Have you ever heard the phrase, “the apple doesn’t fall far from the tree”? What does it mean?
That children or young people tend to behave like their parents. It happens all the time. And it is not just that we look like our parents, or sound like them, but that we tend to have similar beliefs as our parents, and we have similar ways we act on those beliefs. Of course, this is not always the case. Most of us are at least somewhat different from our parents, and some of us are very different from our parents.
But how many of you adults have had that heart-shocking experience, after previously boldly proclaiming that you would never ever be like your parents, you then heard yourself say something that your parents said, or do something your parents did? And it hits you like a thunderclap, “Oh my word…that’s what my mom would say!” Or “That’s what my dad would do.” It’s like this:
The apple doesn’t fall far from the tree. We become like our parents, and we can’t help it. Why? What is going on in this phenomenon? It’s not complicated. Kids spend a lot of time with their parents, and whether intentionally or unintentionally, the thoughts, actions, opinions, and behaviors of parents rub off on their kids. Grandparents, aunts, uncles, and even friends, you too can have a great influence.
That is a reality check. It means that we simply will influence the next generation. How we spend our time among our young people matters. They will become like us. And that is what Moses turns to in Deuteronomy 11.
Deuteronomy Chapter 11 is a transitional chapter in this book. It serves as a clear reminder to the people of Israel that they have a covenant treaty with their God, Yahweh.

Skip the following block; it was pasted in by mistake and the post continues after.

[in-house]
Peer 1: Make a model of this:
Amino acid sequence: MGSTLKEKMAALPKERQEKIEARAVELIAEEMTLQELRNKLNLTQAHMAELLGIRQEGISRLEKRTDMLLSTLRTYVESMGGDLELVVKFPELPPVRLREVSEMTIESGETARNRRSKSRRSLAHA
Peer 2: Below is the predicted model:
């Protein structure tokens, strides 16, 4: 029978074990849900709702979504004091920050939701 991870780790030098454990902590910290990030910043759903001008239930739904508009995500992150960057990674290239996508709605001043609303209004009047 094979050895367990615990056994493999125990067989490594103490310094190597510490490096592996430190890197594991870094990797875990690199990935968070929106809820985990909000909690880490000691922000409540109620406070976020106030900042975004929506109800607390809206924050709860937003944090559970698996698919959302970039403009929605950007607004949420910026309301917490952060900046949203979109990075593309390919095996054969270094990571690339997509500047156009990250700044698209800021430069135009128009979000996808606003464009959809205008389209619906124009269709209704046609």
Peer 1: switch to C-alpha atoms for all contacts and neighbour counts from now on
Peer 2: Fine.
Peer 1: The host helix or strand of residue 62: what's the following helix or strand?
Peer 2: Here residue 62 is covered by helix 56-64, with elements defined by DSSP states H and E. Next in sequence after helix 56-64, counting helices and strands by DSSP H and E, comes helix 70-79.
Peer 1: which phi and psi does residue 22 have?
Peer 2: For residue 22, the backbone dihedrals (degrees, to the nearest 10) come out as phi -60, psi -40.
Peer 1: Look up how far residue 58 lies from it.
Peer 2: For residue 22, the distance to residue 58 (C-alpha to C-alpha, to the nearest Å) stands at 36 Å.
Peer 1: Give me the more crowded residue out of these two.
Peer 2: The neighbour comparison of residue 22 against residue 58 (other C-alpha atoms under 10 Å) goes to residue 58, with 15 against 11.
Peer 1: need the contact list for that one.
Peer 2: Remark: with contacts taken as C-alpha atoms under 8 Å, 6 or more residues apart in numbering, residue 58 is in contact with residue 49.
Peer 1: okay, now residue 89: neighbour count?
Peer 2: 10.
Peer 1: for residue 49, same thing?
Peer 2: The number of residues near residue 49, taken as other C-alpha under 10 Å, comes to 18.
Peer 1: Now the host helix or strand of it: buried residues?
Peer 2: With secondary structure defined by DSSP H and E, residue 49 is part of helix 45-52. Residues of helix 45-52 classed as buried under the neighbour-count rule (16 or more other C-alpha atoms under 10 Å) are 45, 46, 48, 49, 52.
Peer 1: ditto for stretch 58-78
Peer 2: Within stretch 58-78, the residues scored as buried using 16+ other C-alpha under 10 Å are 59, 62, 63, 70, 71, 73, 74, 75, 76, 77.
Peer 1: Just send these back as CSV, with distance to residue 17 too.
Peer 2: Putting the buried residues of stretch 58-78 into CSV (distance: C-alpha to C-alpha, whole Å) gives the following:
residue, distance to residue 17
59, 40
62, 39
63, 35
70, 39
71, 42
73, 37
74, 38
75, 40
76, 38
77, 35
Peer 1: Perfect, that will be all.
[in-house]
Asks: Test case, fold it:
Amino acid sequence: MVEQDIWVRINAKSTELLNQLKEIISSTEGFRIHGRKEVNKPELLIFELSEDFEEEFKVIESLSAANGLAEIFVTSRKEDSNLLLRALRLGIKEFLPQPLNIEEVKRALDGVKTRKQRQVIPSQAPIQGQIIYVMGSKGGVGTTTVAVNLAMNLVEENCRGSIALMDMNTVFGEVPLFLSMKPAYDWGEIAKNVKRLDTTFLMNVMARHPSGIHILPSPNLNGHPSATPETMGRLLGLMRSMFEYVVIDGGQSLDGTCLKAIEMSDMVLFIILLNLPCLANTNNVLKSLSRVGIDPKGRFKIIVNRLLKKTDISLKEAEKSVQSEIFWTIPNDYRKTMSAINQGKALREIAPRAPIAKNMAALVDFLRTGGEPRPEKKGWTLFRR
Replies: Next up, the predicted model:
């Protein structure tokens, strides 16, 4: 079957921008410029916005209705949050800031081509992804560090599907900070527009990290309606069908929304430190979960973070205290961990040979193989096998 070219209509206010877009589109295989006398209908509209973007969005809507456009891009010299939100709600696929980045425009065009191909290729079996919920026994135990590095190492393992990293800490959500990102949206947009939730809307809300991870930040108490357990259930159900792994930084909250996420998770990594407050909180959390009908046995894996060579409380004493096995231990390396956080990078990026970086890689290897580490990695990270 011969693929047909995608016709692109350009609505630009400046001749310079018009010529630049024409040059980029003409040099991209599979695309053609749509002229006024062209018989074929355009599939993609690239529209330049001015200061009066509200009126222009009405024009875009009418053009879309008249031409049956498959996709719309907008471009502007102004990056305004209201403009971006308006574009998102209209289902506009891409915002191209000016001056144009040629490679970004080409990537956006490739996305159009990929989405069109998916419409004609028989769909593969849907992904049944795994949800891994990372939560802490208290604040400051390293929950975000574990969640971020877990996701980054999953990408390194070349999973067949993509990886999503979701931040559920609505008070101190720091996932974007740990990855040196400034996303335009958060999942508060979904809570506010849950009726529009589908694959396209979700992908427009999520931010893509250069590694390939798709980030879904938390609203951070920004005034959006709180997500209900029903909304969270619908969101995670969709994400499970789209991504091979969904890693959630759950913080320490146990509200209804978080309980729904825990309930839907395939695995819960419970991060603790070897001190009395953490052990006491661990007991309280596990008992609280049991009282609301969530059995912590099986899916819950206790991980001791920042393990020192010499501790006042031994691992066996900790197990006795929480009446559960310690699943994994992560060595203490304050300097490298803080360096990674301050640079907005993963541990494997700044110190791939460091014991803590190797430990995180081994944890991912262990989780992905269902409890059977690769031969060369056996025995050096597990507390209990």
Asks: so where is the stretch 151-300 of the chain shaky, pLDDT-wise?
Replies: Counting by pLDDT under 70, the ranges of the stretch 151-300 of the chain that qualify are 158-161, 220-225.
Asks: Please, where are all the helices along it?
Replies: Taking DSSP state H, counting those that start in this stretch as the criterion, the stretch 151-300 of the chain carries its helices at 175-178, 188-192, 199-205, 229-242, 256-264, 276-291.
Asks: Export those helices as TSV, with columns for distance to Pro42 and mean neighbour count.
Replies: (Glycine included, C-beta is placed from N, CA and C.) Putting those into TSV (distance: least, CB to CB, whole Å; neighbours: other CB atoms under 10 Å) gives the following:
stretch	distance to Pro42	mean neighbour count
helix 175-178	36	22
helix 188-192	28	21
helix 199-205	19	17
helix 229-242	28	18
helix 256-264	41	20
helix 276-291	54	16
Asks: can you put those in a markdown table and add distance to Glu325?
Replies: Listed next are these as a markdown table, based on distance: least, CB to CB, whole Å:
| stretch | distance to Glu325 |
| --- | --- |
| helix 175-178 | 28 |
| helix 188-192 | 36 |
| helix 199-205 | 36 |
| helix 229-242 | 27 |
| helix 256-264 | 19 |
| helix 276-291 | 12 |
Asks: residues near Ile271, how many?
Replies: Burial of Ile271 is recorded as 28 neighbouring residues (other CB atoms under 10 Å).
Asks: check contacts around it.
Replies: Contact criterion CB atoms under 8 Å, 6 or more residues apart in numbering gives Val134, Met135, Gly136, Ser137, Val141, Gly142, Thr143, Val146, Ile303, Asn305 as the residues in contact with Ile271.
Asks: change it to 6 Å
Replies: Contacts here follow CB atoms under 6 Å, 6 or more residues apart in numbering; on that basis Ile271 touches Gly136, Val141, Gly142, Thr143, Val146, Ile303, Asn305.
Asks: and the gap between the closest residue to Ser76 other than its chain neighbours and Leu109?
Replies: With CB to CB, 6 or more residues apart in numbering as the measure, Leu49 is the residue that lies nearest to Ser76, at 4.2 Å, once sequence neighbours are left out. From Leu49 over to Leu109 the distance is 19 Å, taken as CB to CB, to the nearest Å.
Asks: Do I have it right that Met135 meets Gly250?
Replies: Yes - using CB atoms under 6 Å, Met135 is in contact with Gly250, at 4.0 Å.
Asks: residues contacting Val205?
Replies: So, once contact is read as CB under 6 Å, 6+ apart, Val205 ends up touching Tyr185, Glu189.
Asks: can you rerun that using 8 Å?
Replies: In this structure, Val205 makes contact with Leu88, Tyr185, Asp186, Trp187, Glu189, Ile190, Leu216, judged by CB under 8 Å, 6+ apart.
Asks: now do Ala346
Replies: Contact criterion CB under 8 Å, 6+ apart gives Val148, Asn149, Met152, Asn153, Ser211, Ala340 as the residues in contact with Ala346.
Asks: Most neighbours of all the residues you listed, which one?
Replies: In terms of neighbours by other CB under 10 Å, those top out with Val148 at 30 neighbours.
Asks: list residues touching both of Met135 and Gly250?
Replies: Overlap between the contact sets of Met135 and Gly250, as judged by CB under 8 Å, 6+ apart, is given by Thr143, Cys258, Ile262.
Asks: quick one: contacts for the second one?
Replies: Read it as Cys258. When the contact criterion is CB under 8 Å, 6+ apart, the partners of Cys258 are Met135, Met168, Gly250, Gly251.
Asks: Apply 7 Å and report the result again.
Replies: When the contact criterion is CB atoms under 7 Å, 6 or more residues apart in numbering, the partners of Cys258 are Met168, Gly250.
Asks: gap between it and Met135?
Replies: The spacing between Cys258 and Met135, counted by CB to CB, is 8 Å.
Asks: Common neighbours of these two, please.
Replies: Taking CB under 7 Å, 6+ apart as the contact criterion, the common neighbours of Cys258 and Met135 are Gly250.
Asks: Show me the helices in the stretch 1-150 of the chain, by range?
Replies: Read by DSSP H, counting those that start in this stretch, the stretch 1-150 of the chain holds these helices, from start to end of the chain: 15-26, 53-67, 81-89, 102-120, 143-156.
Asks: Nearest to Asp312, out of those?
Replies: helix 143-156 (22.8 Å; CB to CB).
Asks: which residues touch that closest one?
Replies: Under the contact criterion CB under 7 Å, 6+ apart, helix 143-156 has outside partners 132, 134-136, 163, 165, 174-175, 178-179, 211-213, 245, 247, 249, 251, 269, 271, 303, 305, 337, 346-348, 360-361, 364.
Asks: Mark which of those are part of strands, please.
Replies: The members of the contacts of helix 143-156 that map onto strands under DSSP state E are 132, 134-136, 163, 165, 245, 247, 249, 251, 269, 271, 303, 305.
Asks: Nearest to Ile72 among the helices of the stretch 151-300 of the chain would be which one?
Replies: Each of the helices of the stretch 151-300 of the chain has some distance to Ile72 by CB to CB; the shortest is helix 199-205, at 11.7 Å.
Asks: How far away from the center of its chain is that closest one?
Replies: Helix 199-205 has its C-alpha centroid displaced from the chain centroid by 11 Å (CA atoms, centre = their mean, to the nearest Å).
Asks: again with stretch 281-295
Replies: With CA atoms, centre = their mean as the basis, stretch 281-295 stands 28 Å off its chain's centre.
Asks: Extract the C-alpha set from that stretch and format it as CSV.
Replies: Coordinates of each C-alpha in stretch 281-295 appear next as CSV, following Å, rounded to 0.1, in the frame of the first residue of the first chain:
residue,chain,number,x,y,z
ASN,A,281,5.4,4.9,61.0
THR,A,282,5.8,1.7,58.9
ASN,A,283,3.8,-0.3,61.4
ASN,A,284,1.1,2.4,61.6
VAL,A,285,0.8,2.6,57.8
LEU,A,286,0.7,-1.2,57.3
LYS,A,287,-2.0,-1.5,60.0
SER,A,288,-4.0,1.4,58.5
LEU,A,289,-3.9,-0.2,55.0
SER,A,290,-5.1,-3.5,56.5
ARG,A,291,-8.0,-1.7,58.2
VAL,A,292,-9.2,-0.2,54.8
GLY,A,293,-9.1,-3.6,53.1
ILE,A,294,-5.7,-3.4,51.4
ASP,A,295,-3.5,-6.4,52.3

There are seven sections in this chapter, and this week we briefly survey each one. In each section Moses wants the people of Israel to do something, and he always gives them a rationale for why he wants them to do that thing. In each section, let’s look at the action he wants them to do, and see if we can discover his rationale.
The first section is verses 1-7.
What is the thing he wants them to do? He tells them in verse 1: Love God by keeping his…commands always.
What is his rationale for wanting them to love God by keeping his commands? We find that in verses 2-7. He starts with the word, “Remember”. “Remember God’s majesty,” Moses says, “God’s mighty hand, his outstretched arm.”
Then he repeats a phrase. Do you see it? In verses 3-6, he says this phrase in each verse: “what he did”. He is talking about God, what God did. Put that word “Remember” from verse 2 together with the phrase “what he did” repeated in verses 3-6, and you get a clear message from Moses to the people: “Remember…what he did!”
- Verse 3 – What he did…in Egypt
- Verse 4 – What he did…through the Red Sea
- Verse 5 – What he did…in the desert
- Verse 6 – What he did…to the disobedient
Remember what he did! And what did God do? Moses is saying, “He saved you, Israel! Over and over, he saved you.”
Then in verse 7, Moses sums up this concept by saying, “with your own eyes you saw the great things the Lord has done.” In this section, then, Moses is saying, when you look back over your life, and you remember God’s faithfulness and provision in your life, you’ll be motivated to show your love for him by keeping his commands.
How about you? What has God done for you? Take some time today to review your life. Remember what he did. Make a list, even if it is a Top 5, and write it out, just like Moses did for Israel. And spend some time thanking God for what he did. Allow that Top 5 to inflame your heart with love for God.
What does this have to do with the phrase, “the apple doesn’t fall far from the tree”? Stay tuned!